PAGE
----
For once, I am sharing an experience with other people from all over the world. My liberty has been restricted regarding where I can go and what I can do. I have been parted from family members and friends for long periods of time. I’m having to re-think how I go about my daily life. As a community, I am one of many being asked, expected and encouraged to live in a way we are not used to; conforming to a new set of rules imposed on us by others who hold the professional power to make decisions in our best interest. While none of these terms or phrases are new to me within a social work setting, they are completely alien when being delivered directly on my doorstep.
It’s not the way I’d like to have developed a greater awareness of the impact of decisions I might make in the future. Nevertheless, I will use this experience to enhance my ability to empathise and consider the impact of change to an individual’s life. I always imagined that making a decision based on my professional assessment of a person’s situation would sit comfortably with me – I would have the backing of theory, legislation, policy, procedure. I am an empathic, thoughtful person – I can reassure and instil a bit of hope in an individual surely? Wake up call Becky! It’s not as easy as it looks, and you need to check out that recipe again (don’t forget the cake!). It’s not easy living through this at all, despite the guidance; despite my understanding. As students we are taught that being a social worker means we should always be learning, regardless of years in service. Well, if I can’t learn some important lessons from this experience, I never will!
I now have a deeper understanding of how it really feels to be parted from your family members, how tempting it is to break the rules and be with them again. I can empathise with the frustration of grey areas – goalposts changing regarding what is permitted and what is not. Building trust and respect in others that hold the power. That doesn’t come easily at all does it? I’ve learnt how to make it more manageable by thinking creatively around barriers, learning more about what I need to do to make this situation better, making use of resources available to me. If I’ve found it hard, how must it feel for those with support needs? Just because I remain hopeful that this situation will pass, I cannot ever assume that the people I support have an infinite amount of hope regarding their situation – how must that feel? How can I ensure that I change that without dismissing their lived experiences? I am fortunate, I can understand what I might need to make my situation better, but there are those that do not, or cannot. Reflecting on that, and the situation of others right now has been a motivator for my future professional practice. Just because the ingredients in my cake recipe work for me, doesn’t mean that everyone will agree or even like it, so I’ll need to learn how to adapt my recipe and ensure everyone’s personal needs are added to the mix.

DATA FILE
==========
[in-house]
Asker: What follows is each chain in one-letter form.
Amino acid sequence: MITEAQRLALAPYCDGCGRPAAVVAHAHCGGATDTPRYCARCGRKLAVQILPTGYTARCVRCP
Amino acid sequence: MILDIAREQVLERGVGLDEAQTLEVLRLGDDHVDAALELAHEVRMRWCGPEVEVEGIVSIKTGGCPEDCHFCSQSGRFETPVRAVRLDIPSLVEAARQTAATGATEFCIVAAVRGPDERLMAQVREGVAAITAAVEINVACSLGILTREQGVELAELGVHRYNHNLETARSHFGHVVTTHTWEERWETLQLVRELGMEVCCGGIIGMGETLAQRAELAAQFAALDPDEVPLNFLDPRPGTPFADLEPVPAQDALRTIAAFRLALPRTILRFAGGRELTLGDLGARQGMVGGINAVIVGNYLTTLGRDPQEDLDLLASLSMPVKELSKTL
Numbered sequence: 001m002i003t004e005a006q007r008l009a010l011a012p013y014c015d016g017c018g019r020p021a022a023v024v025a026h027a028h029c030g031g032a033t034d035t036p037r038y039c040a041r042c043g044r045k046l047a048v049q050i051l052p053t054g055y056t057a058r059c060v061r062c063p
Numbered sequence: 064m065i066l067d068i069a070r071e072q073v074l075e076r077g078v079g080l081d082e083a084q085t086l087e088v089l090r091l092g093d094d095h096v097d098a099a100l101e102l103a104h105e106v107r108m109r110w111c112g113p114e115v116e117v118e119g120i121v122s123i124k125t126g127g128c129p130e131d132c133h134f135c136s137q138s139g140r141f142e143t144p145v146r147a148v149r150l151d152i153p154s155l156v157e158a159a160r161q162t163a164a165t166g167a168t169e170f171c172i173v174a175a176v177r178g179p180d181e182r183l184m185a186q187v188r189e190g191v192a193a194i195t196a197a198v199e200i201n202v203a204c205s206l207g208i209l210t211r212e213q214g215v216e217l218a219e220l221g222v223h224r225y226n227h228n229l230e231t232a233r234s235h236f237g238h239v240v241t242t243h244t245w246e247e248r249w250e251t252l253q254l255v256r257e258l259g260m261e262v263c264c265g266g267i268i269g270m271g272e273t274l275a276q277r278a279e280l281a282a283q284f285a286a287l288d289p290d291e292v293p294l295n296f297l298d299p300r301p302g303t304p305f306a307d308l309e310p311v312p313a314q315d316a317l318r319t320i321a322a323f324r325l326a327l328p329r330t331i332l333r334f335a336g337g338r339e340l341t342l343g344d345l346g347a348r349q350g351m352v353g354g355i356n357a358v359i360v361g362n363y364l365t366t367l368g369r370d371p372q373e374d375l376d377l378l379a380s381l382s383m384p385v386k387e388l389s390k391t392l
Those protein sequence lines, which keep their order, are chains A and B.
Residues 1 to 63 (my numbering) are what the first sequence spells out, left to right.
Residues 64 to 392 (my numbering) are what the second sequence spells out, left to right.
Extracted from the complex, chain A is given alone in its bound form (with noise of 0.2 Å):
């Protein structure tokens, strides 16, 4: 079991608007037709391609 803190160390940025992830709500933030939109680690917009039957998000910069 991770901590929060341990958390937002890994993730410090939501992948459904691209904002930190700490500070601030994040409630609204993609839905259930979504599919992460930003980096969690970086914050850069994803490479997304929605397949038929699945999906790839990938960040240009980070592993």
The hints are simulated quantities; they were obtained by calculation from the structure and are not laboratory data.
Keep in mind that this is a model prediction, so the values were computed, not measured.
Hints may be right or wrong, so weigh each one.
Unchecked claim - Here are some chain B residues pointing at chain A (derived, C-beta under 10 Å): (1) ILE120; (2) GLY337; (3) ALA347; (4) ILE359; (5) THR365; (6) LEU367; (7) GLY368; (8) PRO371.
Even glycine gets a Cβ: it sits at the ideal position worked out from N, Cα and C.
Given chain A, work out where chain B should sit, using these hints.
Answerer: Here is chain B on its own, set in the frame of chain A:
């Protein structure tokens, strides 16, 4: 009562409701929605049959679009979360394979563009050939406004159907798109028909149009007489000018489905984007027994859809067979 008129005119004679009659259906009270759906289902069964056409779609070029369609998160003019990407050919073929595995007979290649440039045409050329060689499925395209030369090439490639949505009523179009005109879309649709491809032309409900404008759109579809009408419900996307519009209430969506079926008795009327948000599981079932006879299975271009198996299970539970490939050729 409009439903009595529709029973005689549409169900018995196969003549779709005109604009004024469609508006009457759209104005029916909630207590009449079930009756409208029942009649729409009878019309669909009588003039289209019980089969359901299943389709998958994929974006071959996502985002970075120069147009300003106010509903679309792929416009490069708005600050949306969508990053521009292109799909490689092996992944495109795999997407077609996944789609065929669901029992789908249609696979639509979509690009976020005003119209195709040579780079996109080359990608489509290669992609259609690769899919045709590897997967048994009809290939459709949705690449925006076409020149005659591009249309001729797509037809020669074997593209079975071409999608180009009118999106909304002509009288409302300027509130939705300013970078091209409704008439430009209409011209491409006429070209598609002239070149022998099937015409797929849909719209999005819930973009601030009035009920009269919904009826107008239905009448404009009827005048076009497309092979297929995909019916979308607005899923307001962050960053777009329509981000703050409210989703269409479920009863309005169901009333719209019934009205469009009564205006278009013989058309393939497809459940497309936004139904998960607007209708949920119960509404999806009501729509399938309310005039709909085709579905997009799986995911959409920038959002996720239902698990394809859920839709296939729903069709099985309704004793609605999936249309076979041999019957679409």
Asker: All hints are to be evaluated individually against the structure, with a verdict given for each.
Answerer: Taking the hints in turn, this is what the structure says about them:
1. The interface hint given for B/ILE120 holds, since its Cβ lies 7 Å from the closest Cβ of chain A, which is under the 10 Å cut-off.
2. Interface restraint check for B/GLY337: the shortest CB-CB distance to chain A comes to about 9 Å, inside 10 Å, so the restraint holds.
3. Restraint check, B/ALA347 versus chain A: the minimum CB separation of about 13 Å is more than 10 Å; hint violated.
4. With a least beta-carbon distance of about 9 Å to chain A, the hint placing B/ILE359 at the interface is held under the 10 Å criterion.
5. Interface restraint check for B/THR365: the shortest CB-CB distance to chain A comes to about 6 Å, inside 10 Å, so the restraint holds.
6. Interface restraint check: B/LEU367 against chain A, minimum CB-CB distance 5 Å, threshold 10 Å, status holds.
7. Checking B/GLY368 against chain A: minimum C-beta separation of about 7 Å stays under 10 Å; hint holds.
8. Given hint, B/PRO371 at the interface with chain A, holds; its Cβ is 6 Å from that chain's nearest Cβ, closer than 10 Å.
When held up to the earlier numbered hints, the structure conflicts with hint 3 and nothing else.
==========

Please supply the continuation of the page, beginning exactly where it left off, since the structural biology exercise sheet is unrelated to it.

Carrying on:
All social work students currently living through this pandemic are adapting to the various challenges it has presented. It can easily get you running to the cupboard to comfort eat! I can see how easily it must be to feel overwhelmed and want to give up. Trying to home school our children while we home school ourselves has been testing. Wondering what the new student ‘normal’ will look like come September has been concerning. Thinking about how we can motivate ourselves to submit yet another assignment has been overwhelming. Sharing our experiences has been emotional yet uplifting. All the while remaining hopeful, navigating our way to adapt life as it is now; moving ever closer to achieve our end goal.
Trying, Wondering, Thinking, Sharing. If you popped them into a baking tin I wonder what the secret ingredient would be to achieve that really great bake…a teaspoon of hope perhaps and hey presto – I might just have baked my first professional curiosity cake!
Becky Salter, BSc Social Work Student, University of South Wales